I would say that these parallels merit consideration, especially when considering that the Mala Theory also resolves all Book of Mormon anachronisms (i.e. elephants, horses, chariots, metallurgy etc.) as well as DNA, linguistic and geographical inconsistencies. If all this was found anywhere in the Americas there would surely be interest. So why would we ignore it just because its all found in Burma?

  28. Bleh Htoo, Thanks for stopping by. I would be interested to know if the similarity of these words are due to coincidence, or if there are true language connections.

  29. The names I mentioned are the same ones presented in Dr. Olson’s Mala theory. I only added Teincun which I found on Google Maps at the same point Dr. Olson supposed Teancum would be.

    I am not a linguist, so I can’t provide much insight into your question. However, the names I mentioned (Teincun/Teancum, Manoron/Moron) would be Jaredite, a language we don’t know much about. So it would be difficult to find linguistic connections.

    Similar place names would be just a curious way to support the more evident cultural and geographical relationships.

  30. But most convincing in my mind is that the Malay Peninsula seems much more logistically probable. Its hard to understand how three different groups in time (Jaredite, Mulekites and Lehites) could all complete near impossible trans-oceanic journeys only to land at precisely the same point.

    If all three of those groups could find the same landing so easily without maps etc. then the answer should be much more evident to us. We should be looking for a more obvious solution, a location that would have been easily found by all three groups.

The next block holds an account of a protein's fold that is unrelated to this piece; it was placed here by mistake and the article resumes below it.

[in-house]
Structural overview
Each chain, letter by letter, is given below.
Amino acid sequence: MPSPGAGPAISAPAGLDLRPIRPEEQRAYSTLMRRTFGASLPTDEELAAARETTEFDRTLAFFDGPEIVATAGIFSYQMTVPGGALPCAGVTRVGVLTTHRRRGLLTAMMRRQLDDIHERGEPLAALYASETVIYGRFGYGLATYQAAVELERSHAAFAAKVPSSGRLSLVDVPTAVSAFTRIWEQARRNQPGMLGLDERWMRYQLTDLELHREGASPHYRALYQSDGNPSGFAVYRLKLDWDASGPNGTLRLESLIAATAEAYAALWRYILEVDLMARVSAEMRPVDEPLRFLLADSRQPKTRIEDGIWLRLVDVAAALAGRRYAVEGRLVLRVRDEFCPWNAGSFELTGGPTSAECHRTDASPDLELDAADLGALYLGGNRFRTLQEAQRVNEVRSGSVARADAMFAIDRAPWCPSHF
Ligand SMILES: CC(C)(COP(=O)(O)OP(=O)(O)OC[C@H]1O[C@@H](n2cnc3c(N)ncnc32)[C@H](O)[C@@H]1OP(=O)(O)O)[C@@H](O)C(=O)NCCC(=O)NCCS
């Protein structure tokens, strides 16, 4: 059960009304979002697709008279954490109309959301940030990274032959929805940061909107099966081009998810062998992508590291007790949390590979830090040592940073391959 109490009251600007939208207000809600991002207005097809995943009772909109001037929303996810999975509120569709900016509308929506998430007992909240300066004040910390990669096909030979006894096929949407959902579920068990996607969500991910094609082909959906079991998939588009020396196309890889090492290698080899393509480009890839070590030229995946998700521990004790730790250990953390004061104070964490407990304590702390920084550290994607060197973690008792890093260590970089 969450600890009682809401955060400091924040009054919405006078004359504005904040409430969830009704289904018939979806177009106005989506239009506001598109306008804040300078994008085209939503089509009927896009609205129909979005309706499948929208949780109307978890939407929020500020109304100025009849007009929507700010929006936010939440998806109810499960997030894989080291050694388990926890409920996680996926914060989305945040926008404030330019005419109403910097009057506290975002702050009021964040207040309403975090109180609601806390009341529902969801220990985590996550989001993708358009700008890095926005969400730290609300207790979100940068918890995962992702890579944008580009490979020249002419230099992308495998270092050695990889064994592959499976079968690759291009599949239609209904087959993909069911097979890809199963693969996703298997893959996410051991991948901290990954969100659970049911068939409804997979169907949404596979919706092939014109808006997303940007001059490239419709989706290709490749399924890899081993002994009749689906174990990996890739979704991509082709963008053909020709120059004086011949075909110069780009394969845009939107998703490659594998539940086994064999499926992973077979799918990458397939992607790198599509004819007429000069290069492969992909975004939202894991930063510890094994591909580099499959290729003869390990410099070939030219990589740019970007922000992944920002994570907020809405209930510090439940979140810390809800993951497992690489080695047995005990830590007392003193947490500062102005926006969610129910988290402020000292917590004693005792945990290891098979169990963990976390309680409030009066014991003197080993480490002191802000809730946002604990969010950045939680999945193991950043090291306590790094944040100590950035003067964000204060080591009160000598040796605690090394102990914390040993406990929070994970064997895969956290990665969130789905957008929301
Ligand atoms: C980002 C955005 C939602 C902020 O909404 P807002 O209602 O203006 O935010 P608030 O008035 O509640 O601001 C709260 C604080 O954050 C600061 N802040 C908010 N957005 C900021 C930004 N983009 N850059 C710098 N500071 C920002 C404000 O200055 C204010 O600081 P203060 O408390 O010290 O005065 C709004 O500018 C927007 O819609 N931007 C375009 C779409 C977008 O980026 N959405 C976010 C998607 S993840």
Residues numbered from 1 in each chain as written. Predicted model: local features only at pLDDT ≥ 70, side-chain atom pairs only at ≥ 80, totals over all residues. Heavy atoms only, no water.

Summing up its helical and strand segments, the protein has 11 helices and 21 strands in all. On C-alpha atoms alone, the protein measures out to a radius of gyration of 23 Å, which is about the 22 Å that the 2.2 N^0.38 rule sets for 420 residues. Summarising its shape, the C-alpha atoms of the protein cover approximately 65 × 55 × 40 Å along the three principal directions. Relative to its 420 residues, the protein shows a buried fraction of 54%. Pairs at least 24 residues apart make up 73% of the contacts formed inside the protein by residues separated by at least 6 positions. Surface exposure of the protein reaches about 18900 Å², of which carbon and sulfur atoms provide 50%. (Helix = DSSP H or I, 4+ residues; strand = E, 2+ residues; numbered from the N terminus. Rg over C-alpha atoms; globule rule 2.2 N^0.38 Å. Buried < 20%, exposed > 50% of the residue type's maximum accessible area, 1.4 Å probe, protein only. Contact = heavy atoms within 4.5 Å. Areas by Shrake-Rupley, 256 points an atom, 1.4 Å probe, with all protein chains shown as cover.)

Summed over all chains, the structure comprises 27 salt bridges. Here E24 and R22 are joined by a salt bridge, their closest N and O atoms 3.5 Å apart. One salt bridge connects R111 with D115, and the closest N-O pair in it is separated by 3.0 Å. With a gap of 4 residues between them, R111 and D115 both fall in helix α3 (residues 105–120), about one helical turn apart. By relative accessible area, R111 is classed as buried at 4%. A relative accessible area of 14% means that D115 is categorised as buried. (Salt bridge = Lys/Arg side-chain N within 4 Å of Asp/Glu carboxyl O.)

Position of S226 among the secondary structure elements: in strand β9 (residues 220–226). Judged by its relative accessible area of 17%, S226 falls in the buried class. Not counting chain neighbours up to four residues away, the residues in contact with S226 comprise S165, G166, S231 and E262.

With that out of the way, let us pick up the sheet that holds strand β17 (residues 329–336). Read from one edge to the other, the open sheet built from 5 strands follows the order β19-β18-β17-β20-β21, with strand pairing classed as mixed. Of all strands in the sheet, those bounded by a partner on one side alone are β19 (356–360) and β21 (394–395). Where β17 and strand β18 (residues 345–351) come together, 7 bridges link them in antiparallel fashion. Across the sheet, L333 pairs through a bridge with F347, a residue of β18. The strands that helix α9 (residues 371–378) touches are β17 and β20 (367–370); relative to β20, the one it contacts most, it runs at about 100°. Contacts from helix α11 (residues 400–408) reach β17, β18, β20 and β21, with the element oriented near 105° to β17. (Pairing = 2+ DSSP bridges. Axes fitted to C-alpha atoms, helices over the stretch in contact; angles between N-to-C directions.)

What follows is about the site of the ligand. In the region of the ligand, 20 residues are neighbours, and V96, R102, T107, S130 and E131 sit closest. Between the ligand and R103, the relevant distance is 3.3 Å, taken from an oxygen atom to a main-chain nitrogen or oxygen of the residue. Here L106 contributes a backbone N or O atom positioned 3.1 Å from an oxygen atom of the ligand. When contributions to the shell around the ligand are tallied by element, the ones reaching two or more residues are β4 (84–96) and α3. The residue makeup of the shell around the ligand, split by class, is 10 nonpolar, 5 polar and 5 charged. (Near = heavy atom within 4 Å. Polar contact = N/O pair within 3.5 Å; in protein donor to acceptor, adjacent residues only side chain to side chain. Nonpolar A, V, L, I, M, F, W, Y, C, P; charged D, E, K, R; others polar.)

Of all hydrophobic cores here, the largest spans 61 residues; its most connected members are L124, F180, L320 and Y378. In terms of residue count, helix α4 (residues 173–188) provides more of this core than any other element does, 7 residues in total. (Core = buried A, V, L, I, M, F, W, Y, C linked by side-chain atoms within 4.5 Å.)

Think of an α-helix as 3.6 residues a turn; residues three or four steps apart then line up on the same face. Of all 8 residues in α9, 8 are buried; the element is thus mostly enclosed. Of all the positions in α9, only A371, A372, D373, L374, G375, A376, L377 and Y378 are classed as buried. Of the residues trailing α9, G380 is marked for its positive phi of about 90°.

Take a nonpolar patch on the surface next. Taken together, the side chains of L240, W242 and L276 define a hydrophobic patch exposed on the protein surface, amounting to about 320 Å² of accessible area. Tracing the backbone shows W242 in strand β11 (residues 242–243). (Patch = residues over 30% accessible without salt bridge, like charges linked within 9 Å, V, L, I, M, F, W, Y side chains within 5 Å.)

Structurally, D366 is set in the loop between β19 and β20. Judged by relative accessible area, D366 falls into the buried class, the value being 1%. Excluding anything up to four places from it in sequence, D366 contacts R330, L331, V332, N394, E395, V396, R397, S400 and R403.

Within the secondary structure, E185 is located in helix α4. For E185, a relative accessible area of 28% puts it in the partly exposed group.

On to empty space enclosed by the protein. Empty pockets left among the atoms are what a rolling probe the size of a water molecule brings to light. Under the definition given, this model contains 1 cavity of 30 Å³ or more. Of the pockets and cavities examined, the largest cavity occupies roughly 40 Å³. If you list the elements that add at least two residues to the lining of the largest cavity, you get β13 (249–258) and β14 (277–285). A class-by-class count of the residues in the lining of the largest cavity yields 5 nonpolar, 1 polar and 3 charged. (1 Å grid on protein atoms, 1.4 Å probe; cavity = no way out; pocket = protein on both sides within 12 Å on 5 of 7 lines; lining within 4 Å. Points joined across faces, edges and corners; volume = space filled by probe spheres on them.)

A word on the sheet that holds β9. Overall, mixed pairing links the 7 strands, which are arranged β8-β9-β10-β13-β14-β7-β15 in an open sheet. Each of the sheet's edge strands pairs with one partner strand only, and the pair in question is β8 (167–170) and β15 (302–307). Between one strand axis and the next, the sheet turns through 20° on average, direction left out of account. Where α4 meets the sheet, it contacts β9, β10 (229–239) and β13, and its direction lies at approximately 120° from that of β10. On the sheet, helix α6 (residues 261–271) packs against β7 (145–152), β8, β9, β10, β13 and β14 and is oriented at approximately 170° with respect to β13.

31. I have talked to Dr Olsen and told him that I think it would help his theory to find a linguist to make a stronger tie about place names. But I’m glad to hear you find the place names compelling.

    It is possible that the Mulekites did not come to the Malay Peninsula by boat. I did a post on the Lost 10 tribes (click here to read it). There’s a really interesting video by a Jewish fellow named Simcha Jacobovici called Quest for the Lost Tribes. Simcha believes he has found the Tribe of Manasseh in Burma. He believes the Assyrians/Babylonians purposely moved the Tribe of Manasseh to Burma. If DNA evidence supports this claim, I think it would be a very interesting piece of independent evidence for Dr. Olsen.

    I think you might also enjoy this post I did on the Lemba Tribe of Africa. They have been able to trace their DNA back to Jewish roots.

    There are some things I really like about this Malay theory.

  32. Personally, I think the Malay theory is a perfect illustration of how easy it is to retrofit the BoM into different geographic locations. But, as has been pointed out in this discussion, all theories display problems with deep scrutiny. I do admit, however, that these theories are interesting.

  33. […] I guess the first striking feature to me about this theory is the fact that the Peninsula is much more of a north-south orientation than Sorenson’s MesoAmerican theory.  Another strength of Baja is that the “narrow neck of land” is actually narrow–Sorenson’s narrow neck isn’t nearly as narrow.  Another bonus is the fact that the Baja Peninsula is much closer to the generally accepted Book of Mormon locations than say the Malay Theory. […]

  34. I hate to nitpick, but I wish that Americans would realise that the Middle East has always been part of Asia. In fact, “Asia” originally referred to the main part of Turkey, aka Asia Minor. Israel is very much part of Asia (only just though).